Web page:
SCROLL DOWN FOR AUDIO OF DAVID CAMERON'S SPEECH TO THE KNESSET
On the face of it, the barrage of rockets fired from Gaza into southern Israel, a giant row over laws passing through the Knesset and the chaotic fall-out from a Foreign Ministry strike all threatened to overshadow Prime Minister David Cameron’s visit to Israel this week.
And it was, arguably, an inconsequential visit as far as diplomatic tours go. But there was a good reason for that: there is nothing that needs fixing right now between London and Jerusalem.
Mr Cameron’s speech to the Knesset on Wednesday may have been neither ground-breaking nor surprising, but it more than satisfied both the Israeli leadership and the Jewish community in Britain. It struck all the right notes.
The context is that it would be extremely difficult, if not impossible, to point to a time when Britain-Israel ties were stronger than they are today — on just about every level.
Trade between the two nations is at an all-time high (£5.1 billion last year). Security and intelligence co-operation has never been better. And Israeli officials praise Britain for remaining vigilant on sanctions against Iran and not rushing, like some European countries, to send senior ministers on visits to Tehran.
The issue of universal jurisdiction was largely cleared up by Mr Cameron and Britain is no longer pushing for “labelling” of settlement goods in the EU (although it will go along with the majority view).
And for all the talk of delegitimisation and BDS, of which London is a hub, the actual boycotting of Israel in the UK has been negligible, shrinking to virtually non-existent when compared to the immense interest of British investors in Israeli technology and innovation.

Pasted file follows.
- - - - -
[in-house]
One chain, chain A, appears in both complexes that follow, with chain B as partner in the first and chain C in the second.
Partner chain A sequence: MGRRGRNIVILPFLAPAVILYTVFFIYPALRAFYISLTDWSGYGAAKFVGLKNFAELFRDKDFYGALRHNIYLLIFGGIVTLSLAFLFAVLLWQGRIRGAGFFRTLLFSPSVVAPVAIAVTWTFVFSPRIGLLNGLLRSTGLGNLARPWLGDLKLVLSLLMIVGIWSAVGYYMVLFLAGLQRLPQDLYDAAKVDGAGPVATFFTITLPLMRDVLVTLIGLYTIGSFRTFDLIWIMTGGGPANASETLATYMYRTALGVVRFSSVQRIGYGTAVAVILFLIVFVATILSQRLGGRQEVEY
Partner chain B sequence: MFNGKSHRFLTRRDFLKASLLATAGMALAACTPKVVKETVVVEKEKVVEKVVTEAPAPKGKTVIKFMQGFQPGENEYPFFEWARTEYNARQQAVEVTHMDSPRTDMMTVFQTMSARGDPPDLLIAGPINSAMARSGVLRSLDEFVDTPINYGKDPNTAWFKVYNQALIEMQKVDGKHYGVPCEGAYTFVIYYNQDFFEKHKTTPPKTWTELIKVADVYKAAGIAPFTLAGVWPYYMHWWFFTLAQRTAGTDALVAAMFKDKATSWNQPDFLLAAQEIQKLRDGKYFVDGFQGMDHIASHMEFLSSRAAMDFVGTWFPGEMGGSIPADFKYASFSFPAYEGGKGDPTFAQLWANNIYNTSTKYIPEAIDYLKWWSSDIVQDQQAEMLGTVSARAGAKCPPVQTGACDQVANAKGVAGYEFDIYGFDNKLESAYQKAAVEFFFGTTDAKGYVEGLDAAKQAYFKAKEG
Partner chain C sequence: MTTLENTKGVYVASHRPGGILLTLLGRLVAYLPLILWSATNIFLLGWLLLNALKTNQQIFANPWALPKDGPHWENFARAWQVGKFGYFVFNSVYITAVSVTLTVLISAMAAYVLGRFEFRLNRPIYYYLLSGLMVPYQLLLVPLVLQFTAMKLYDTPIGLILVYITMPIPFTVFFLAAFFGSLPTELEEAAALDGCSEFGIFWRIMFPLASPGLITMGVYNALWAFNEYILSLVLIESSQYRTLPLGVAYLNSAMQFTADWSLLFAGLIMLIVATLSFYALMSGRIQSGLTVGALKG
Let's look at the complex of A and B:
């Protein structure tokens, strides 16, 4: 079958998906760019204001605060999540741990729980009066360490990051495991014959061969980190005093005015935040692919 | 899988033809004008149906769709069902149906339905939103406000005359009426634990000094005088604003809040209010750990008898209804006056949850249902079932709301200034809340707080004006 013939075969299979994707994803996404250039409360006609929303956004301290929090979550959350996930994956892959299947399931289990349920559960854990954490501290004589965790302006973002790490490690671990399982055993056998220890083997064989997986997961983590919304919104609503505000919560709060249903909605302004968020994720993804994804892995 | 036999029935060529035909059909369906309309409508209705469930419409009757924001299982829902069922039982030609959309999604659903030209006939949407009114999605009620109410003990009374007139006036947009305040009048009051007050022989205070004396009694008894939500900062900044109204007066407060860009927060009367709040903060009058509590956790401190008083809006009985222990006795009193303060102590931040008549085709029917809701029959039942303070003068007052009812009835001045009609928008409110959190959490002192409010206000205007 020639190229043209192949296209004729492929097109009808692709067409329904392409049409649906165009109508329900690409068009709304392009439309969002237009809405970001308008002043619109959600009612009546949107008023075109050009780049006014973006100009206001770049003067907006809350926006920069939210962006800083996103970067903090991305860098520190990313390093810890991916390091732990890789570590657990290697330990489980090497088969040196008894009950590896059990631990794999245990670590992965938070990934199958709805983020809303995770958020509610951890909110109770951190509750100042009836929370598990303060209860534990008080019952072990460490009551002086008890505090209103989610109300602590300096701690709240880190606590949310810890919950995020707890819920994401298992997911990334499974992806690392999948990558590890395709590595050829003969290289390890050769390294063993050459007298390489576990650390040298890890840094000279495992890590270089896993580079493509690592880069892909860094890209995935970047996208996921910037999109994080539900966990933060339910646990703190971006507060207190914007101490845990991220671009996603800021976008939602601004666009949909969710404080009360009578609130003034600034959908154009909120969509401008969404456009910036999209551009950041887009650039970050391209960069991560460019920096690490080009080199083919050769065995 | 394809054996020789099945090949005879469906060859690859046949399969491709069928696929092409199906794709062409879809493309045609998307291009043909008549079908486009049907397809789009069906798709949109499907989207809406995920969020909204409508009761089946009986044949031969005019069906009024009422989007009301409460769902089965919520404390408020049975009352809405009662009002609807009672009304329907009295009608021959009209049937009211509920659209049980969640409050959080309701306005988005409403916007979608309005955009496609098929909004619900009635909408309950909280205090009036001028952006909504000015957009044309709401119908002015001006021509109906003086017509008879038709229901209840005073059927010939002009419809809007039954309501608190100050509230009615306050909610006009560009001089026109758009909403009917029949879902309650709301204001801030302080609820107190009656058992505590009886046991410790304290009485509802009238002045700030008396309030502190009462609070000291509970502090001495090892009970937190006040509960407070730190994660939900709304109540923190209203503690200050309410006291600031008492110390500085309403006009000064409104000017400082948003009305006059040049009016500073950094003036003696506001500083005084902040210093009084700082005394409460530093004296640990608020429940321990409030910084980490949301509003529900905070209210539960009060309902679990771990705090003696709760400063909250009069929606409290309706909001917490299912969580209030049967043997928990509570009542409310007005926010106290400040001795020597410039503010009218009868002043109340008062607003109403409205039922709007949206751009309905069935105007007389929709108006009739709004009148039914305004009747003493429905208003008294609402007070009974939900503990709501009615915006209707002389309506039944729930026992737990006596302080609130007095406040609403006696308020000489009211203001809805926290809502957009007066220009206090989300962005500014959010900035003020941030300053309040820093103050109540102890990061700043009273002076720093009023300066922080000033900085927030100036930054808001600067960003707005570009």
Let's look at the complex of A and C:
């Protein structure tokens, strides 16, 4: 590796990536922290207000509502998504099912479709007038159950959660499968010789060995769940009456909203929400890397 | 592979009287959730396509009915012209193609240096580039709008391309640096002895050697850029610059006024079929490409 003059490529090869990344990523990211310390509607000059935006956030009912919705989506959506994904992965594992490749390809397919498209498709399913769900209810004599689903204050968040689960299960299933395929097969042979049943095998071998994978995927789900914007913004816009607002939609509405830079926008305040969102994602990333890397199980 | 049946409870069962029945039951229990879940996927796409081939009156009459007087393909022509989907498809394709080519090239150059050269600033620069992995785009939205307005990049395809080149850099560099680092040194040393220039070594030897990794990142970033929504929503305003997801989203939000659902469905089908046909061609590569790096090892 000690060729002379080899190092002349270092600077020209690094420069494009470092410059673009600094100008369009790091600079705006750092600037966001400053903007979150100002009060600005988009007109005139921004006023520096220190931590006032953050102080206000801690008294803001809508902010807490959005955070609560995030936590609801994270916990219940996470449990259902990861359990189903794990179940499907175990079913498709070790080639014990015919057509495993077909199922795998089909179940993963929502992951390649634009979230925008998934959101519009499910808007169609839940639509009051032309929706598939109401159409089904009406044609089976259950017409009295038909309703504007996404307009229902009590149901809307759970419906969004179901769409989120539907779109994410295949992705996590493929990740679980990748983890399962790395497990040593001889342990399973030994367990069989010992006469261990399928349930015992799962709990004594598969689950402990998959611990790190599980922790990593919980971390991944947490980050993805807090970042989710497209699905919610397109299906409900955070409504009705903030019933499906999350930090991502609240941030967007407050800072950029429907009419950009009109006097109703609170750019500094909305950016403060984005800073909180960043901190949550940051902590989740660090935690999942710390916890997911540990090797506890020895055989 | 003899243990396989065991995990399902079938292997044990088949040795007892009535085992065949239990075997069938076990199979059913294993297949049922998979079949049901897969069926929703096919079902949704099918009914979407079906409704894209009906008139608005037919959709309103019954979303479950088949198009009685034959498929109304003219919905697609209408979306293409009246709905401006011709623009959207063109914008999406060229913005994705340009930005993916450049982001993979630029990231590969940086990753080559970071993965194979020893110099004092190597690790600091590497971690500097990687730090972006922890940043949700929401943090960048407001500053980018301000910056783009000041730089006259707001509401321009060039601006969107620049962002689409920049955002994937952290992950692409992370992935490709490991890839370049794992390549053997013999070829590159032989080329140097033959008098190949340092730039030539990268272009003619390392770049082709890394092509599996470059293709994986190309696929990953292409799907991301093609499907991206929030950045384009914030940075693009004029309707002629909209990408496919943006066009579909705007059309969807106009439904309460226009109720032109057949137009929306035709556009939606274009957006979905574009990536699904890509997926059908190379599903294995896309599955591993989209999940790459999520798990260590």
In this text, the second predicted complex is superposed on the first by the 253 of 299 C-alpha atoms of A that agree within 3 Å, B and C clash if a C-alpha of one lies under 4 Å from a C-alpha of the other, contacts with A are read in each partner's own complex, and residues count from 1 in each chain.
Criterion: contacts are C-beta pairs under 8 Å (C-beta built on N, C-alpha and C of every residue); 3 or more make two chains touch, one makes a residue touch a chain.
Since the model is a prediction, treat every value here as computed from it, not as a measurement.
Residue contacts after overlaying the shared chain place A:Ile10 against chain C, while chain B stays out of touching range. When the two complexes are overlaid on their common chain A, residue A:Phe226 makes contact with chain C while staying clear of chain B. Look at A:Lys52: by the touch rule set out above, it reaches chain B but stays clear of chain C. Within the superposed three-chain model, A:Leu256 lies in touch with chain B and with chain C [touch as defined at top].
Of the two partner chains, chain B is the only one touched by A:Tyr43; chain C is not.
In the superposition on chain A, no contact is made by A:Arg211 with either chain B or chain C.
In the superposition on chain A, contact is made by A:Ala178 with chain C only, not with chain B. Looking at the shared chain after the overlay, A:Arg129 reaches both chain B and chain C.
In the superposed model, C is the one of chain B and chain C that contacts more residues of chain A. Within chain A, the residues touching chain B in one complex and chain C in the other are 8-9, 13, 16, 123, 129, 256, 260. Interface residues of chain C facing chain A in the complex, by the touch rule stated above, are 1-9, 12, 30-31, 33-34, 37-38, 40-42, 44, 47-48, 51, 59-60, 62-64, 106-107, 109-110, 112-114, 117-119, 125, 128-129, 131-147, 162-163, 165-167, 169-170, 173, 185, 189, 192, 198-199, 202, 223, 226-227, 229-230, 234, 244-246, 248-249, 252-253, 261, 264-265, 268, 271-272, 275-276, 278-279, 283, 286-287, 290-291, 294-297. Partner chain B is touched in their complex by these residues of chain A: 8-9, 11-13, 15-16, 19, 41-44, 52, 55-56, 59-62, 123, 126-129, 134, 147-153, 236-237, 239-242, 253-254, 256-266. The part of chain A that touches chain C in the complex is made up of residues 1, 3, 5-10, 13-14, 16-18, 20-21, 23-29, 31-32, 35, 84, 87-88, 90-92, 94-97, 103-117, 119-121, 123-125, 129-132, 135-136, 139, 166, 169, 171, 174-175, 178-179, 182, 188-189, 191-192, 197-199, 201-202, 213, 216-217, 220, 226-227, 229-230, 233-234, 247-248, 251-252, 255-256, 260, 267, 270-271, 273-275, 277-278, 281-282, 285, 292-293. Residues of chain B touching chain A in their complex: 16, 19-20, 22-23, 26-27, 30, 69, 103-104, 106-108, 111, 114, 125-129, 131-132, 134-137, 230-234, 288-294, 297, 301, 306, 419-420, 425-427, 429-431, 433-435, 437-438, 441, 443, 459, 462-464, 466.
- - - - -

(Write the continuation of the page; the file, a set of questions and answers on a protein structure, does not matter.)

Mr Cameron certainly deserves some credit for this, although the healthy ties between the two countries are a result of a long line of pro-Israel PMs in Downing Street — more often than not defying the Foreign Office line.
Credit is also due to a new breed of British diplomats who no longer view Israel as a malign presence in the Middle East; to the staff of Israel's embassy in London under ambassador Daniel Taub's creative leadership, and also to the efforts of so many in the Jewish community.
But the good health of the relationship is, more than anything else, down to the work of thousands of individuals, businesspeople, academics, technology developers and security professionals who have understood the incredible gain for Britain in having wider and deeper connections with Israel on every level, despite all its political problems and conflicts.
So no one is under any illusion that the Cameron visit will deliver a massive boost to the relationship — simply because no such boost is necessary.
The importance of the visit is in its sheer normalcy. In 1986, Margaret Thatcher became the first prime minister to visit Israel while in office and every one of her successors has visited. And while the fact that the Queen has not visited will remain a stain on the Royal Family’s record, it would be unthinkable today for any significant British political leader not to visit Israel.
David Cameron’s fleeting and inconsequential trip to Israel is simply an affirmation of the strength and importance of the relationship between the two countries and of the central role of Britain’s Jewish community in public life. And that says quite a lot.